January 22, 2008KR BlogUncategorized

The Joys of Local Reading #2

Today is sunny but chilly by Berkeley standards. The wind is blowing a cold front in. A good day to take the car to the carwash. All week I have been looking forward to tracking down 2029 Hearst, where a 27 year-old Robert Duncan and 21 year-old Jack Spicer hashed out with each other (or, rather, against each other) what magic and poetry meant to them. So on my way back home, car glistening, I detoured my way to the address. The house is cream with teal trim and a salmon-colored gable. It is clearly a rental house for Cal students–the exterior looks pretty run down and the cars in the driveway are covered in band bumper stickers. Duncan lived in this house in 1946 with a young couple, Hugh and Janie O’Neill and, with Spicer and a few others, made a small community interested in experimenting with magic and language. Tarot cards and crystal balls featured prominently. Duncan was often the leader, reciting poetry or, according to Kevin Killian and Lew Ellingham’s biography of Spicer, “direct[ing] them in impromptu performances of Shakespeare or Gertrude Stein.” Once during a visit to Berkeley, E.M. Forster attended a party in his honor at 2029 Hearst. He was “wan, shy” and “mumbling until Duncan [“] broke out the gin.”

Eventually sexual and personal tensions broke up the Hearst group. Spicer moved to 2018 McKinley and formed his own intellectual circle with the other men in the house. Duncan couldn’t keep away, and soon co-opted Spicer circle and took it as his own. Spicer was furious at Duncan, and not for the last time.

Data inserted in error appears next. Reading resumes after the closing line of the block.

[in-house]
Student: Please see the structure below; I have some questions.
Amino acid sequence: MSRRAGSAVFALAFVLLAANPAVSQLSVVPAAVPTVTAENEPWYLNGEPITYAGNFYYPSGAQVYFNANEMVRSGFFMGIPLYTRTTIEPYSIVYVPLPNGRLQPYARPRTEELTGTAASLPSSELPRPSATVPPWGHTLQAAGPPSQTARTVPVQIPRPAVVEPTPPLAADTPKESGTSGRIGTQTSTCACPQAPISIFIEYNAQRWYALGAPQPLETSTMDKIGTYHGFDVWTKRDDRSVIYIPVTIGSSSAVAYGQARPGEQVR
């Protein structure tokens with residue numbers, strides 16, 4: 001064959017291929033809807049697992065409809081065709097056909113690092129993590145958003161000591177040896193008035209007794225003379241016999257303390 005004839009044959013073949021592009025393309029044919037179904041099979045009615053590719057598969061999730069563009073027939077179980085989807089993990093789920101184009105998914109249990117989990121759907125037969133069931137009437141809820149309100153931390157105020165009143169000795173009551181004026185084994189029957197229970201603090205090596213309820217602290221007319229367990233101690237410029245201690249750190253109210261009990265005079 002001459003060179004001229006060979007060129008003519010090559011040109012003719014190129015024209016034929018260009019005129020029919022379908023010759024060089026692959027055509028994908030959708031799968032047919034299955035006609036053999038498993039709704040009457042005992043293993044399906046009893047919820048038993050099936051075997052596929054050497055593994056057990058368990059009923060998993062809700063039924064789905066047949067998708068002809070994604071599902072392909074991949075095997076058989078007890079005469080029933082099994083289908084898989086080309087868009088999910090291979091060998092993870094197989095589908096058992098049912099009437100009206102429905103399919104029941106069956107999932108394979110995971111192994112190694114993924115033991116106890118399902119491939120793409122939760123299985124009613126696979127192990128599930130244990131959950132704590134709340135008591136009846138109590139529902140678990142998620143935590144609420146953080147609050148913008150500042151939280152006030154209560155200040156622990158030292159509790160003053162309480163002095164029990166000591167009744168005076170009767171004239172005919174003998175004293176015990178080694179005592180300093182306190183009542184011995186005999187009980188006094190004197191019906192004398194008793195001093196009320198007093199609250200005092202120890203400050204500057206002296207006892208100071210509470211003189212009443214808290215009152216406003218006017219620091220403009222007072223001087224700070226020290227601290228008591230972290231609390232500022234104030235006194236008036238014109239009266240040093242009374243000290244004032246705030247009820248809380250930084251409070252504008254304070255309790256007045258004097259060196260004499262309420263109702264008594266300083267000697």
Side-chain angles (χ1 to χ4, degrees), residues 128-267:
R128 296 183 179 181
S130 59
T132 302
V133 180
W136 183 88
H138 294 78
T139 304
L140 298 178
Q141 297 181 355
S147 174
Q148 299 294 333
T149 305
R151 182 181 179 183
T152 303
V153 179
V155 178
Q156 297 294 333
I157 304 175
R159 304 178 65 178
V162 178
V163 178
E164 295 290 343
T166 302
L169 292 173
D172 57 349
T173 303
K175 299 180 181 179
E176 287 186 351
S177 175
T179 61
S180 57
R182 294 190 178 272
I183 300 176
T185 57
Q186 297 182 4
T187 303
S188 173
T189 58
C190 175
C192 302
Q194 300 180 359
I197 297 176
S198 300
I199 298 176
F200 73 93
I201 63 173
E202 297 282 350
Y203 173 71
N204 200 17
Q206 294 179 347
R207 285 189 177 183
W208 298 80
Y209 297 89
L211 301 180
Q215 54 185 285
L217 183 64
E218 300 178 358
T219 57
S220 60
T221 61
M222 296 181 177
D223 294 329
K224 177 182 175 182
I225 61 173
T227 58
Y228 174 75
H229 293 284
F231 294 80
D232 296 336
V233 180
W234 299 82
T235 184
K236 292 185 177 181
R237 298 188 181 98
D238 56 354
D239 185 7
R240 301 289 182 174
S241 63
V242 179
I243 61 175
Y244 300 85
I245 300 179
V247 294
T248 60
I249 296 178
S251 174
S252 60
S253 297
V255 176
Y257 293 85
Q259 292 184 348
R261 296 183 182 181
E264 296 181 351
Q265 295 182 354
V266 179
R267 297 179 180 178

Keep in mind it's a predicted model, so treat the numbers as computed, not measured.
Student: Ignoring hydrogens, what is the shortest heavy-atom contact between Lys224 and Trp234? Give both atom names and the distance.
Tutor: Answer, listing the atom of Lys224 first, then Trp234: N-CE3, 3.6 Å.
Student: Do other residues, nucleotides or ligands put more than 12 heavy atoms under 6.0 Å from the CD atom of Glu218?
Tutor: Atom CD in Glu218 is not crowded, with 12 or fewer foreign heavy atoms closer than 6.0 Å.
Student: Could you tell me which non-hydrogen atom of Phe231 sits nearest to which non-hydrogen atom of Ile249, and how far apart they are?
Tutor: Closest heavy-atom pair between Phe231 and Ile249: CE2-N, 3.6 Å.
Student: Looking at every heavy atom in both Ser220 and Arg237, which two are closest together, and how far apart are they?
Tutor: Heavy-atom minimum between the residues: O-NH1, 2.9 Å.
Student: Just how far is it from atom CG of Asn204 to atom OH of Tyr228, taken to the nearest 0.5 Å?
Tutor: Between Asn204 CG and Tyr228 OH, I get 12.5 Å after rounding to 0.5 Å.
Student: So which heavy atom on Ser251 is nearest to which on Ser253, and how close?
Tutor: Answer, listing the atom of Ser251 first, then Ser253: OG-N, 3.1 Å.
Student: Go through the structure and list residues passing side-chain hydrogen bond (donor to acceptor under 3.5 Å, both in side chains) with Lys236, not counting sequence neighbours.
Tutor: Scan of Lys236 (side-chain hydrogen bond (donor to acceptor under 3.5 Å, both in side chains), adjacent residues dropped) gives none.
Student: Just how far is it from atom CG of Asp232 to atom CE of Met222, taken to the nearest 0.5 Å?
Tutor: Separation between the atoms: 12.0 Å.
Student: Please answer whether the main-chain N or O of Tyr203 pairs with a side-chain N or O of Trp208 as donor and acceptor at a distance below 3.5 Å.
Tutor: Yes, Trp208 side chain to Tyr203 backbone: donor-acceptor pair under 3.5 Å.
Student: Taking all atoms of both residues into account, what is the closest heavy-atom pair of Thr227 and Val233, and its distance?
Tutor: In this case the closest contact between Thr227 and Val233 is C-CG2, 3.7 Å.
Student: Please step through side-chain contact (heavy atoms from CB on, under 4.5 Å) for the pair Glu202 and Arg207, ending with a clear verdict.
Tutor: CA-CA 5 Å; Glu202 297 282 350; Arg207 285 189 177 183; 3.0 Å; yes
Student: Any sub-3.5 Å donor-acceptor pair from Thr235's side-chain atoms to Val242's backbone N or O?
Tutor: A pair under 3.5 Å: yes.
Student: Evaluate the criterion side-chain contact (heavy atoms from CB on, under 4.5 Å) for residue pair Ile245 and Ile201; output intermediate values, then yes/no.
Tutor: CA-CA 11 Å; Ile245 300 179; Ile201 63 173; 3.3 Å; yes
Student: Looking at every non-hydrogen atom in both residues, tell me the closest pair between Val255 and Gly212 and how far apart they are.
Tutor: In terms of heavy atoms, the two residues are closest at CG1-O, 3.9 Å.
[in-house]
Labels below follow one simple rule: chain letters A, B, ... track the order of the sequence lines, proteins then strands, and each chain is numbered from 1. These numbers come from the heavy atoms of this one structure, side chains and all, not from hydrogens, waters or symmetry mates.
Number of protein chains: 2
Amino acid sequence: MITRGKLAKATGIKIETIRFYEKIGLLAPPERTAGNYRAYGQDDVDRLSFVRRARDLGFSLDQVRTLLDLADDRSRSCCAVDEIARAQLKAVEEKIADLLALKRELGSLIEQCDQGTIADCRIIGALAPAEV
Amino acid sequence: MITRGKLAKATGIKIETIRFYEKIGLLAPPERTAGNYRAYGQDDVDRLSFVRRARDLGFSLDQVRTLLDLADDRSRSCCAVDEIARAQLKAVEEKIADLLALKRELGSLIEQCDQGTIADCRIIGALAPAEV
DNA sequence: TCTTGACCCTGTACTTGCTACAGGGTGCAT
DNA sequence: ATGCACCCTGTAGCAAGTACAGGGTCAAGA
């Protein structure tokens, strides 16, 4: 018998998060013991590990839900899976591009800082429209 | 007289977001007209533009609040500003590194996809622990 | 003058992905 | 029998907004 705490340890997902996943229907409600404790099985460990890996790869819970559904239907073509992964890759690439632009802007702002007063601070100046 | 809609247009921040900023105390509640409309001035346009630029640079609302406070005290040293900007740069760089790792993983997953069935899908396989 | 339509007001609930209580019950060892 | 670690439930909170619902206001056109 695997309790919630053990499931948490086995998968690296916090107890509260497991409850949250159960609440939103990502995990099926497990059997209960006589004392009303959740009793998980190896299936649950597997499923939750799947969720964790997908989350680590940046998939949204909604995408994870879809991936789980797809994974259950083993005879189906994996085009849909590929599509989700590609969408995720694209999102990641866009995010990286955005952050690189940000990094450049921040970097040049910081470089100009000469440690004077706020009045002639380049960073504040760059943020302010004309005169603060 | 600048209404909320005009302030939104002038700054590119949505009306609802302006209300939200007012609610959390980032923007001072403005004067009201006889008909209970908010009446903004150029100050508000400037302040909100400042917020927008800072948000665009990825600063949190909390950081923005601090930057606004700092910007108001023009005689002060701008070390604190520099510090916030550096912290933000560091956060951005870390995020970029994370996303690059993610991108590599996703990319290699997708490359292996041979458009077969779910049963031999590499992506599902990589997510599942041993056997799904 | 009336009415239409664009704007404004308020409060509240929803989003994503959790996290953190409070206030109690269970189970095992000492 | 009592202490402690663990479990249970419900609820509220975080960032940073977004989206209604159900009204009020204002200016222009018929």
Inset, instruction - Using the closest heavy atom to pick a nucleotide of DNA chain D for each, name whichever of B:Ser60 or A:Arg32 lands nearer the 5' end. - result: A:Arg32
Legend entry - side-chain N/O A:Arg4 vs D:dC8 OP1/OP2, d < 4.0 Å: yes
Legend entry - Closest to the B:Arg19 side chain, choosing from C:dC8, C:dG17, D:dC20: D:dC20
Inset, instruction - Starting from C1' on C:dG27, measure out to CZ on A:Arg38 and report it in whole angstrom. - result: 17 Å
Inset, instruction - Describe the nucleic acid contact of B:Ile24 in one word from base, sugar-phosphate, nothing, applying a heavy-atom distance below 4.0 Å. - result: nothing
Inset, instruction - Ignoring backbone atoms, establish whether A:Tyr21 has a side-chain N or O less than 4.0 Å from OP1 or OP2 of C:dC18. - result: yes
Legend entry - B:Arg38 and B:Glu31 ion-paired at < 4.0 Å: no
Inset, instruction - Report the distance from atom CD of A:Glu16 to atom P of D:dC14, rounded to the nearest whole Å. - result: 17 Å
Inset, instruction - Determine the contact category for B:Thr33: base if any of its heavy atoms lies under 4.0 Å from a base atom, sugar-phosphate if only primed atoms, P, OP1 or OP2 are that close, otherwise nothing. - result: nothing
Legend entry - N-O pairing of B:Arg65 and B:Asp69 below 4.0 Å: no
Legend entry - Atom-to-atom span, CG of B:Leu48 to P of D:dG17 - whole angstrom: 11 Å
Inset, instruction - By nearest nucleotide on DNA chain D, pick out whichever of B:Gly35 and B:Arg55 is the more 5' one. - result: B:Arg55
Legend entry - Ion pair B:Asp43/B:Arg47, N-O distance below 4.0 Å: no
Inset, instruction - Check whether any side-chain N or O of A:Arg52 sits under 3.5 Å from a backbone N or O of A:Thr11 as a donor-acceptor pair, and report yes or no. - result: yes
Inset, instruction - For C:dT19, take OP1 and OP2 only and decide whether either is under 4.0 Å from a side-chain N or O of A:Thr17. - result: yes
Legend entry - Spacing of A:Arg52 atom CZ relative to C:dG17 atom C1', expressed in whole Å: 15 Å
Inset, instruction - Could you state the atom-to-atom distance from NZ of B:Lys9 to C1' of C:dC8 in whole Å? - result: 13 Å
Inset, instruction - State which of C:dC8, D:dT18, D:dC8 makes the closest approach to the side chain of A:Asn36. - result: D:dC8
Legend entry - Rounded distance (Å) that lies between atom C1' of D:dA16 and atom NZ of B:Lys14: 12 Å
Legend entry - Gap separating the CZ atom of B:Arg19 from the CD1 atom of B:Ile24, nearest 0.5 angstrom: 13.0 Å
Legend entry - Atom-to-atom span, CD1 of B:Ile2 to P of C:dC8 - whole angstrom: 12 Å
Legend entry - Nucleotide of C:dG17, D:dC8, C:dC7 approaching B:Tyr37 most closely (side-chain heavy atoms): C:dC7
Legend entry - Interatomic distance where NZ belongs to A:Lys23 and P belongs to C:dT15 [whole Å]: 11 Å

It is a bit hard to reconcile the present day image of the house with its literary past. There is nothing to distinguish it from the rest of the houses on the block. One cannot help but wonder how many places there are like this, places that might not have capital “H” historic value, but with a unique and fascinating story nonetheless? I am encouraged by this house because it shows that remarkable places are all around us. Wouldn’t it be wonderful if every residence had a log of everyone who lived there over time, so that we could see whose ghosts we were walking amongst?

I consider knocking on the door and telling the occupants about this house. I don’t, of course, because for one thing I don’t really do things like that, and secondly I don’t out of fear that if I did, they would not care about the house’s history or think it irrelevant to their lives. It is more romantic to imagine that through the years, completely ignorant of this house’s significance, undergraduate poets have frowned over their words in this house, trying to get them right, while the ghosts of Duncan and Spicer frowned over their shoulders.